# The simplest 1D Superpotential Hamiltonian derivation

+ 3 like - 0 dislike
120 views

In the wiki article of superpotential the following supersymmetric operators are defined: $$Q_1=\frac{1}{2}\left[(p-iW)b+(p+iW)b^\dagger\right] \\ Q_2=\frac{i}{2}\left[(p-iW)b-(p+iW)b^\dagger\right]$$

and then somehow the following Hamiltonian is defined and derived: $$H=\{Q_1,Q_1\}=\{Q_2,Q_2\}=\frac{p^2}{2}+\frac{W^2}{2}+\frac{W'}{2}(bb^\dagger-b^\dagger b)$$

Where $W' = \frac{dW(x)}{dx}$ and $\{b,b^\dagger\}=1$ and $[b,b^\dagger]=0$.

Why does $=\{Q_1,Q_1\}=\{Q_2,Q_2\}=\frac{p^2}{2}+\frac{W^2}{2}+\frac{W'}{2}(bb^\dagger-b^\dagger b)$? I can't see how they got this expression.

What's the motivation to define the superpotential is such away? Also why does $Q_1, Q_2$ map "bosonic" states into "fermionic" states and vice versa? Lastly, why does it take the form: $H = \frac{p^2}{2}+\frac{W^2}{2} \pm \frac{W'}{2}$

This post imported from StackExchange Physics at 2017-11-18 23:19 (UTC), posted by SE-user 0x90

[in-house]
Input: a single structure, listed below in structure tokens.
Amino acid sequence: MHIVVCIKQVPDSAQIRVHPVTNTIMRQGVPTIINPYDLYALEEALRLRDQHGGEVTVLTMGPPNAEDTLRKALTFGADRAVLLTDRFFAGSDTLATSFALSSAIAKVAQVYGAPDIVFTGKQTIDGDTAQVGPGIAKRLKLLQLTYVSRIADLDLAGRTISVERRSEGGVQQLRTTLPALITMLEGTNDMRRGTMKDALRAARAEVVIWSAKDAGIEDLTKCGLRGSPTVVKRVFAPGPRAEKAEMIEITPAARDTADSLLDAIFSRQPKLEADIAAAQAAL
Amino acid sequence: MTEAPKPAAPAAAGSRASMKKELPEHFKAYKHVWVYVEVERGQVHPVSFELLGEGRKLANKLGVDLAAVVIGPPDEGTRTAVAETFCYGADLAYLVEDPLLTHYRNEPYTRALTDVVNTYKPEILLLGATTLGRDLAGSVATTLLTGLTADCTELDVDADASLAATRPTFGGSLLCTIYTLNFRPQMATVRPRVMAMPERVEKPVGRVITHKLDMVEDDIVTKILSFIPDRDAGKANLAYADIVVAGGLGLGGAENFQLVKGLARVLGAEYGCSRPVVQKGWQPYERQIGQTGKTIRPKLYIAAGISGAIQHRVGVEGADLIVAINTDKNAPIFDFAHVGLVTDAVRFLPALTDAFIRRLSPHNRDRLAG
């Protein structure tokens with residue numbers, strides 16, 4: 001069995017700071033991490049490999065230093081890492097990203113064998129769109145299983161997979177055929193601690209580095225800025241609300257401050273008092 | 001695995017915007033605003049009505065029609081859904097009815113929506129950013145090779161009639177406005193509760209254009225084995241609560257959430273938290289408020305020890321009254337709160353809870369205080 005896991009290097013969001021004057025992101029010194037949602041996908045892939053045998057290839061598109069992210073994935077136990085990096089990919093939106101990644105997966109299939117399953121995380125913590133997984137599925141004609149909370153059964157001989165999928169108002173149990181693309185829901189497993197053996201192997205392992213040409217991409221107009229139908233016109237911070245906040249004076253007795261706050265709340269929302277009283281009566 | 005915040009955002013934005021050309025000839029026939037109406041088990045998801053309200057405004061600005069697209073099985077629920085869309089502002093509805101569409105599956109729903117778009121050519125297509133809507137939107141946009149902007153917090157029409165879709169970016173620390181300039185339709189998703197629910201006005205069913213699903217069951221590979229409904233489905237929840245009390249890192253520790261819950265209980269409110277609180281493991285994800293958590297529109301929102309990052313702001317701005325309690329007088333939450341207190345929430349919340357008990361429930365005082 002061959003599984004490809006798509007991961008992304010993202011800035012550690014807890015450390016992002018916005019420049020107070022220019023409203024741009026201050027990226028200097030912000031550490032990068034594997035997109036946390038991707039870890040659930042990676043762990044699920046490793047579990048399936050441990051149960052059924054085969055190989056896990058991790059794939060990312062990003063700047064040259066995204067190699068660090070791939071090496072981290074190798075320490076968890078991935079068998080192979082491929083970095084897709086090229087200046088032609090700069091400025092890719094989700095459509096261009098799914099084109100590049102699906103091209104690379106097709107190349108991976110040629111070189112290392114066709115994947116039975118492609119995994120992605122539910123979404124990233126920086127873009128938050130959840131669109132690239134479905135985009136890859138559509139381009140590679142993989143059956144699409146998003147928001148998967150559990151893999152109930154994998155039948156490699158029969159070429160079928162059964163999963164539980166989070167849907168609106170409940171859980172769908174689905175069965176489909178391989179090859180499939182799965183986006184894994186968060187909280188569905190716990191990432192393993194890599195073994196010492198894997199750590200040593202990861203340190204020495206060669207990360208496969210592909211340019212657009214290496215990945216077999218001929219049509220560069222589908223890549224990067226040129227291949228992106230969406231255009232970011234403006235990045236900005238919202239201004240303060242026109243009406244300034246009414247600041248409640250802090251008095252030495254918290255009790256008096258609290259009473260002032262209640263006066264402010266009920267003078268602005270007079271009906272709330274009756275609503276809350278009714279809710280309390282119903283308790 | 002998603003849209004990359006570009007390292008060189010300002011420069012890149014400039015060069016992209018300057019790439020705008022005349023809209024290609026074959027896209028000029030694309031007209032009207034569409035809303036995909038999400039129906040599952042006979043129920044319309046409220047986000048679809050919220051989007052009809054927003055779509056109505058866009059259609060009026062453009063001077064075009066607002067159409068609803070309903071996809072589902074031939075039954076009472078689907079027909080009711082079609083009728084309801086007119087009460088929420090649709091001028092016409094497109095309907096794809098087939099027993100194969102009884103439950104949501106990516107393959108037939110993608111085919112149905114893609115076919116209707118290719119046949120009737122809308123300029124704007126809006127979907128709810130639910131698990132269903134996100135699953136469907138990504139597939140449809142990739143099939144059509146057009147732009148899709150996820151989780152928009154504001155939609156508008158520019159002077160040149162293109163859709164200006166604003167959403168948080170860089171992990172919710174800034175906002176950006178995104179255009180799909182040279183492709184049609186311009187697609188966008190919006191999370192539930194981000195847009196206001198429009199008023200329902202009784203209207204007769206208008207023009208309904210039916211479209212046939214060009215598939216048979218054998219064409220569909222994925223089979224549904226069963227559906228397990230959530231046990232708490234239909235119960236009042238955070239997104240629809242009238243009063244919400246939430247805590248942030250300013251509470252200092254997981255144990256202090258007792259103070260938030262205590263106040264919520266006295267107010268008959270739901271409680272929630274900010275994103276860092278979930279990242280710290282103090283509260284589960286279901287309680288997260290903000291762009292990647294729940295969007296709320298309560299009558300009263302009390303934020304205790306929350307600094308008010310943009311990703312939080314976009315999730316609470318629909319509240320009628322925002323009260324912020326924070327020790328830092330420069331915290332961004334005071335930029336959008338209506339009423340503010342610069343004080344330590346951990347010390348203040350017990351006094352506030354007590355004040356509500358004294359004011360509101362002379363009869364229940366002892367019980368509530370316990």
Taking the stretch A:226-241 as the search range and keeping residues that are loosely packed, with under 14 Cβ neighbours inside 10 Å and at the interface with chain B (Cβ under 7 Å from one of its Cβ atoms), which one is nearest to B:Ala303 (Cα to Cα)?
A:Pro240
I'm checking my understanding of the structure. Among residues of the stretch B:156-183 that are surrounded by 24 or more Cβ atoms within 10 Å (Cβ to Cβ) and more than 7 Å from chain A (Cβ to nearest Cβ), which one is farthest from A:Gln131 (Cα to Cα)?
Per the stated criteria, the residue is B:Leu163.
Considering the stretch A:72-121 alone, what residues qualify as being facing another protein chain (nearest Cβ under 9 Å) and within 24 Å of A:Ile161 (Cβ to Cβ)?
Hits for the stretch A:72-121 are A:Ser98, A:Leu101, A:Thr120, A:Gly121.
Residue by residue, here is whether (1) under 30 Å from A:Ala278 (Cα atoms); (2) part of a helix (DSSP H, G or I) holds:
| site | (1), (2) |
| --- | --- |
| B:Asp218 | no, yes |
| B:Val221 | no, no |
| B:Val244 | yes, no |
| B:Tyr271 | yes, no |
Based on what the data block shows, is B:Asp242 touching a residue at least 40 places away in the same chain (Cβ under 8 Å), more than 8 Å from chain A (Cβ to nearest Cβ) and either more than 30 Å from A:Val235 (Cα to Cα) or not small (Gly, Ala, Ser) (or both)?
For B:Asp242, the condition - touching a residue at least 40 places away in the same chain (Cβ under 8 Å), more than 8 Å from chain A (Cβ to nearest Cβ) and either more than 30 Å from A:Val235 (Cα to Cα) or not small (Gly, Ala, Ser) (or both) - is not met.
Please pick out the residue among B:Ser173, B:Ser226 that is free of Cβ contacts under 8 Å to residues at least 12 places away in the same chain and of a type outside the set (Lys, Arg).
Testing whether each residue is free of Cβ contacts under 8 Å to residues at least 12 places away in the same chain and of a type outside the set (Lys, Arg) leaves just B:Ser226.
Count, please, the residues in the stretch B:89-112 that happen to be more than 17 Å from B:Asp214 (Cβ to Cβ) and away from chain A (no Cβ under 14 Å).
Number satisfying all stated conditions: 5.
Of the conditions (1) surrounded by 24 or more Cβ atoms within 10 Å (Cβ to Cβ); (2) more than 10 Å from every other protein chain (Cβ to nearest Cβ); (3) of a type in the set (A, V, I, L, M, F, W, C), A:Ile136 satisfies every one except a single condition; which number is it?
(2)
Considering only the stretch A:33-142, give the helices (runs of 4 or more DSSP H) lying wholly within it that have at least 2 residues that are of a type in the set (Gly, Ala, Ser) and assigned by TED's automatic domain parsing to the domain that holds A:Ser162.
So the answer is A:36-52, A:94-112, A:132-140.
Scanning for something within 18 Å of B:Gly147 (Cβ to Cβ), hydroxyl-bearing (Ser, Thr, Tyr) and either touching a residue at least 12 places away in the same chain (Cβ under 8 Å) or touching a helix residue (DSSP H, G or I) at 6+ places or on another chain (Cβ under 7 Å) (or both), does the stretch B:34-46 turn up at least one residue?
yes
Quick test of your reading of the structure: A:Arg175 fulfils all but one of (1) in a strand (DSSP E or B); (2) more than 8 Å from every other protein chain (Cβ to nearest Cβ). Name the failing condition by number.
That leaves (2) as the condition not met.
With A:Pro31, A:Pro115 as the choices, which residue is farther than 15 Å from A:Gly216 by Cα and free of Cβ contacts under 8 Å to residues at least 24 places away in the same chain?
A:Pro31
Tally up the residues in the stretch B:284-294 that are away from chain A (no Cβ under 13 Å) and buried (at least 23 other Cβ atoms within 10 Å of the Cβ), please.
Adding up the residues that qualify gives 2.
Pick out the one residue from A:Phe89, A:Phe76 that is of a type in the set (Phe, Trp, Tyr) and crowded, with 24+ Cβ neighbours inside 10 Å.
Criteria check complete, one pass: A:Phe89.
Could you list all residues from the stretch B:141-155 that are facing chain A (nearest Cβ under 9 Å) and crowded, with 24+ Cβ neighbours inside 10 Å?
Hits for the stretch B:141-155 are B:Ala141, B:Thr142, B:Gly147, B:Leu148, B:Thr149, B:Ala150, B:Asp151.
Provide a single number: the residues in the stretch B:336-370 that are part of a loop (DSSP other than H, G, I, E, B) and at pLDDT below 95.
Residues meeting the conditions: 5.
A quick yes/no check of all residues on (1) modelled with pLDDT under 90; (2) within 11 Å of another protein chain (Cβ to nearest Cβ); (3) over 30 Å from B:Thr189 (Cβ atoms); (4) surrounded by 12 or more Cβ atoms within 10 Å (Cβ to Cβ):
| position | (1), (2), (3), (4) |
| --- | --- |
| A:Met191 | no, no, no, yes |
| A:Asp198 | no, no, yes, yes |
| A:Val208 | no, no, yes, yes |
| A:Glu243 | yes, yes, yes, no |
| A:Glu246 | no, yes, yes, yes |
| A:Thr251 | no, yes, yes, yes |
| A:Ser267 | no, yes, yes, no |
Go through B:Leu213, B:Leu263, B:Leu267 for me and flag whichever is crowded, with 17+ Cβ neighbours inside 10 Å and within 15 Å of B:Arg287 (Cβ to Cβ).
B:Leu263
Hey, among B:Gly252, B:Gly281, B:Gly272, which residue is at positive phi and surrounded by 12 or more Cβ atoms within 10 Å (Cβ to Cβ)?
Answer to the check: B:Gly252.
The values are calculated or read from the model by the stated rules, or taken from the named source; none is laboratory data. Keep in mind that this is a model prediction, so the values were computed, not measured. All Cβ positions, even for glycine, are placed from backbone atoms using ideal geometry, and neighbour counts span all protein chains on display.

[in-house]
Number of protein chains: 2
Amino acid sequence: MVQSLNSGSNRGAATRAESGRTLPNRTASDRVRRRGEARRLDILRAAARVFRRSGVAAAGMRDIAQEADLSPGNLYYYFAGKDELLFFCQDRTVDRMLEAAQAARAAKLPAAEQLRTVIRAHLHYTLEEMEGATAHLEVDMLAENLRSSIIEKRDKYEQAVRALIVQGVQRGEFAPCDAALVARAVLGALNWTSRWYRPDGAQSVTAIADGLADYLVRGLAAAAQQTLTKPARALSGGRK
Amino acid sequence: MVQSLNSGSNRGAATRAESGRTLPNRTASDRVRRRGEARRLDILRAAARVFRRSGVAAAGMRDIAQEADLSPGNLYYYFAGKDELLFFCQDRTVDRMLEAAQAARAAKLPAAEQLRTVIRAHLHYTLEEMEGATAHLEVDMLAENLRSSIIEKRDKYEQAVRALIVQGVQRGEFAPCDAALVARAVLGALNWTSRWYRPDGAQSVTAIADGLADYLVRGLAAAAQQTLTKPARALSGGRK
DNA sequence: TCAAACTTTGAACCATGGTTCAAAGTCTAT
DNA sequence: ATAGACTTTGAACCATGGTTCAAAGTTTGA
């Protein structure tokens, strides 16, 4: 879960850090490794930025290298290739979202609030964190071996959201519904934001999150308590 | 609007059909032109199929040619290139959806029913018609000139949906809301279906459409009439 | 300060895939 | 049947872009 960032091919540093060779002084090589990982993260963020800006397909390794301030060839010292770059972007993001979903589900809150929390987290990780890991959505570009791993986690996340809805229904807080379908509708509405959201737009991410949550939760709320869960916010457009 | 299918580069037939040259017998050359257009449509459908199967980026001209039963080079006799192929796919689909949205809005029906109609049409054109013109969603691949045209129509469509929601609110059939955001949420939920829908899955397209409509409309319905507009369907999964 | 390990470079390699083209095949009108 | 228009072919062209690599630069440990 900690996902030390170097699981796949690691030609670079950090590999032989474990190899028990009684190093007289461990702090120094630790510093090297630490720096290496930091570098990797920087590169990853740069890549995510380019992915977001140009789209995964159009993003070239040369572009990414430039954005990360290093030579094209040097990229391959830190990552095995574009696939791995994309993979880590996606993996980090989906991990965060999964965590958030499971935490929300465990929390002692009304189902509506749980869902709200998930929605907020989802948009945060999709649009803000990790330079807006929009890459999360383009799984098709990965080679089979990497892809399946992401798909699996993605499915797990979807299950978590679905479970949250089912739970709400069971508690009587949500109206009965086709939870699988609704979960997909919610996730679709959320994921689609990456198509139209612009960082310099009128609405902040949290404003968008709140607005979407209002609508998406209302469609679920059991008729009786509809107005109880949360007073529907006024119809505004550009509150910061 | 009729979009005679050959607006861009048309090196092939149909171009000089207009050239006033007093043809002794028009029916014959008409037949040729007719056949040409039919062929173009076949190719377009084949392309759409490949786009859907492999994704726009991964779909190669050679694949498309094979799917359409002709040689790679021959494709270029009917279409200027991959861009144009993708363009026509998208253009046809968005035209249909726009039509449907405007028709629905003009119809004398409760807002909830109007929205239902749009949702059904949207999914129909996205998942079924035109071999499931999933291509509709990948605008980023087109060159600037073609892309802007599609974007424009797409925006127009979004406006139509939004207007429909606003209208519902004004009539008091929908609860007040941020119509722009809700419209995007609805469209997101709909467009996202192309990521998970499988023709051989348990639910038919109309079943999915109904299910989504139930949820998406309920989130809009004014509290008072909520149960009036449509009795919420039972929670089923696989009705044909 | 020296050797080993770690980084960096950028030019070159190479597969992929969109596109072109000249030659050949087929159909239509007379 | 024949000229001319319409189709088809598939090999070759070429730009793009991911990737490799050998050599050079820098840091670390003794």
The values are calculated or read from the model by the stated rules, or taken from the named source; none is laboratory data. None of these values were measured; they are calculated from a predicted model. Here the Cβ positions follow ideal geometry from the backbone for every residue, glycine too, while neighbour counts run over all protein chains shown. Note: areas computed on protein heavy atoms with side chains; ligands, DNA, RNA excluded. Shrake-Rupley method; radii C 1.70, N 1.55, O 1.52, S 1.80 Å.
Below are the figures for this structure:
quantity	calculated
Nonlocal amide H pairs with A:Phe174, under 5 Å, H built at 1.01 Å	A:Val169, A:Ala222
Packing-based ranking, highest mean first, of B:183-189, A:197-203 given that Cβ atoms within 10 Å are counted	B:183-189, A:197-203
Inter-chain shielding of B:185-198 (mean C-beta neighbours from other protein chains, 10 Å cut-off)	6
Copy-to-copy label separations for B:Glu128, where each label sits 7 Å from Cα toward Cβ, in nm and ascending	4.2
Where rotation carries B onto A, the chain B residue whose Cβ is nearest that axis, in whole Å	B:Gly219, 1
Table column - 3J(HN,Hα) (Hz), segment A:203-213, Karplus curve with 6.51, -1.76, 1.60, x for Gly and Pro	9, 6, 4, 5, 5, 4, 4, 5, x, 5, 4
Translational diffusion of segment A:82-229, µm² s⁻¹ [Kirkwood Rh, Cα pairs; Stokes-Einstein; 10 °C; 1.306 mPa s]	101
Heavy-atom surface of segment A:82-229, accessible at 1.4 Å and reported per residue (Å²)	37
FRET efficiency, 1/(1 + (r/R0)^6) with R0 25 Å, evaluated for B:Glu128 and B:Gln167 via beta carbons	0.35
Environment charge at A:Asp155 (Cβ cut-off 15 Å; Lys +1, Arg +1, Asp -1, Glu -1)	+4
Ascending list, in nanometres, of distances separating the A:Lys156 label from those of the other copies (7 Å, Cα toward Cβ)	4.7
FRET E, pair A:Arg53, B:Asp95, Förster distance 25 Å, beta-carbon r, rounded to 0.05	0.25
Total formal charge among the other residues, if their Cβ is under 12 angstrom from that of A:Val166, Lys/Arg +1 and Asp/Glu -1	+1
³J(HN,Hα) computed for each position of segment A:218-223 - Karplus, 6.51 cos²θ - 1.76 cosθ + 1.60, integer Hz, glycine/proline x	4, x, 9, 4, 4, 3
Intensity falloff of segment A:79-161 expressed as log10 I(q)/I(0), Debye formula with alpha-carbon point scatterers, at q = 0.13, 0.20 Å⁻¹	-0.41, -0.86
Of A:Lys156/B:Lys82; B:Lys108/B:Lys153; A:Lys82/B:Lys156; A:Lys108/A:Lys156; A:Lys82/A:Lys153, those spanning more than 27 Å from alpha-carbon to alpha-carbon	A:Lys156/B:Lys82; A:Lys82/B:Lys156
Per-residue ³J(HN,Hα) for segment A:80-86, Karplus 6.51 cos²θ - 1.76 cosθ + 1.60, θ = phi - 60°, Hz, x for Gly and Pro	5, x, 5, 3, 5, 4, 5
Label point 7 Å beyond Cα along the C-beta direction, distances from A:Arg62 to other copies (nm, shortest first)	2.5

Please use answers only to (at least partly) answer questions. To comment, discuss, or ask for clarification, leave a comment instead. To mask links under text, please type your text, highlight it, and click the "link" button. You can then enter your link URL. Please consult the FAQ for as to how to format your post. This is the answer box; if you want to write a comment instead, please use the 'add comment' button. Live preview (may slow down editor)   Preview Your name to display (optional): Email me at this address if my answer is selected or commented on: Privacy: Your email address will only be used for sending these notifications. Anti-spam verification: If you are a human please identify the position of the character covered by the symbol $\varnothing$ in the following word:p$\hbar$ysics$\varnothing$verflowThen drag the red bullet below over the corresponding character of our banner. When you drop it there, the bullet changes to green (on slow internet connections after a few seconds). To avoid this verification in future, please log in or register.